Reports said that some senior monks of the mission did not attend a scheduled private gathering of devotees on Sunday citing “preoccupations.” It was interpreted as “the monks’ expression of displeasure”.

Some disciples of the mission had sent a letter insisting that the PM’s visit to Belur Math be cancelled. “As a student of Ramakrishna Mission, I am requesting the Belur Math authority to cancel Narendra Modi’s visit,” the letter said, according to The Hindu. The letter also accused Modi of violence, noting that the place of Ramakrishna, Sarada and Swami Vivekananda “should not invite a person who created problem[s] for people.”

PM Narendra Modi at the Belur Math. Photo: PIB India/Twitter

“Strictly apolitical body, do not respond to ‘ephemeral’ calls”

Meanwhile, the Ramakrishna Math and Mission distanced itself from the PM’s remarks on CAA, contending that it was a strictly apolitical body which did not respond to “ephemeral” calls.

Addressing a press meet, Swami Suvirananda, the mission’s general secretary, said, “The organisation will not comment on the prime minister’s speech on CAA. We are a strictly apolitical body. We have come here after leaving our homes to answer eternal calls. We do not respond to ephemeral calls.”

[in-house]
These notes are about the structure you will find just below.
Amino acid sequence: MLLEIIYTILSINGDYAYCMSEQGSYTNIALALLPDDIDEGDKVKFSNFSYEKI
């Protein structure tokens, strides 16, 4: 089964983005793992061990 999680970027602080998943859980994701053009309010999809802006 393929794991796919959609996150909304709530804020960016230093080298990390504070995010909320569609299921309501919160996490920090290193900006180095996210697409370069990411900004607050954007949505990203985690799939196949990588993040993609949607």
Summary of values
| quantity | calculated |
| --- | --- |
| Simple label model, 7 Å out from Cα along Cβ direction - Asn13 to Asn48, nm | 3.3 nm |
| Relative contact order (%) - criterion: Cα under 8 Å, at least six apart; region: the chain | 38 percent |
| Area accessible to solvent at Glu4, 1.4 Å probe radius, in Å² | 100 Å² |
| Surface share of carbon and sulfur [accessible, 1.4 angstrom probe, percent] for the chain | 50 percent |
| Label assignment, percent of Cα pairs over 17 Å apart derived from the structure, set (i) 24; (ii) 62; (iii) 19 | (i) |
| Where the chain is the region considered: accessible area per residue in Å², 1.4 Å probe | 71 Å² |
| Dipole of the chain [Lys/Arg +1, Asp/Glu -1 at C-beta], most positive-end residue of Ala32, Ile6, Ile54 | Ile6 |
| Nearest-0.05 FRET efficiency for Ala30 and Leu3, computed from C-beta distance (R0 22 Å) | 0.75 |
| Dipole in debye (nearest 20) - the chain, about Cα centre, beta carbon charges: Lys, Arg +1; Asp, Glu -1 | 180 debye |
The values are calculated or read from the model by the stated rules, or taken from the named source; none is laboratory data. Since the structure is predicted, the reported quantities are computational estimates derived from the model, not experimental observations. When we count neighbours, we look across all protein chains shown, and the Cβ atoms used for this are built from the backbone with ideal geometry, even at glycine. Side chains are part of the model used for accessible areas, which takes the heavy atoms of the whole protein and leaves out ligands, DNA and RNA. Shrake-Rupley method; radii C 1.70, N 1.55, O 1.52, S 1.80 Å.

He said Modi was a guest and the onus was on him on what he had spoken at the Math.

“But when you have a guest… Atithi devo bhava is the Indian culture. And you must extend all kinds of courtesies, decencies to him. And if something you feel ought not to have been told, the onus lies on the person who tells it but not on the host – by no logic,” he added.

Swami Suvirananda further said that both Modi and chief minister Mamata Banerjee are not politicians but leaders holding constitutional posts. “They represent the Constitution of India as they have a statutory post. Mamata Banerjee is the leader of West Bengal and Modi is the leader of India,” he noted.

Asked whether Modi’s speech on the CAA was an attempt to ‘saffronise’ the mission, Swami Suvirananda said, “We are already saffron but that doesn’t mean that we are saffron in the sense that is being interpreted in politics today.”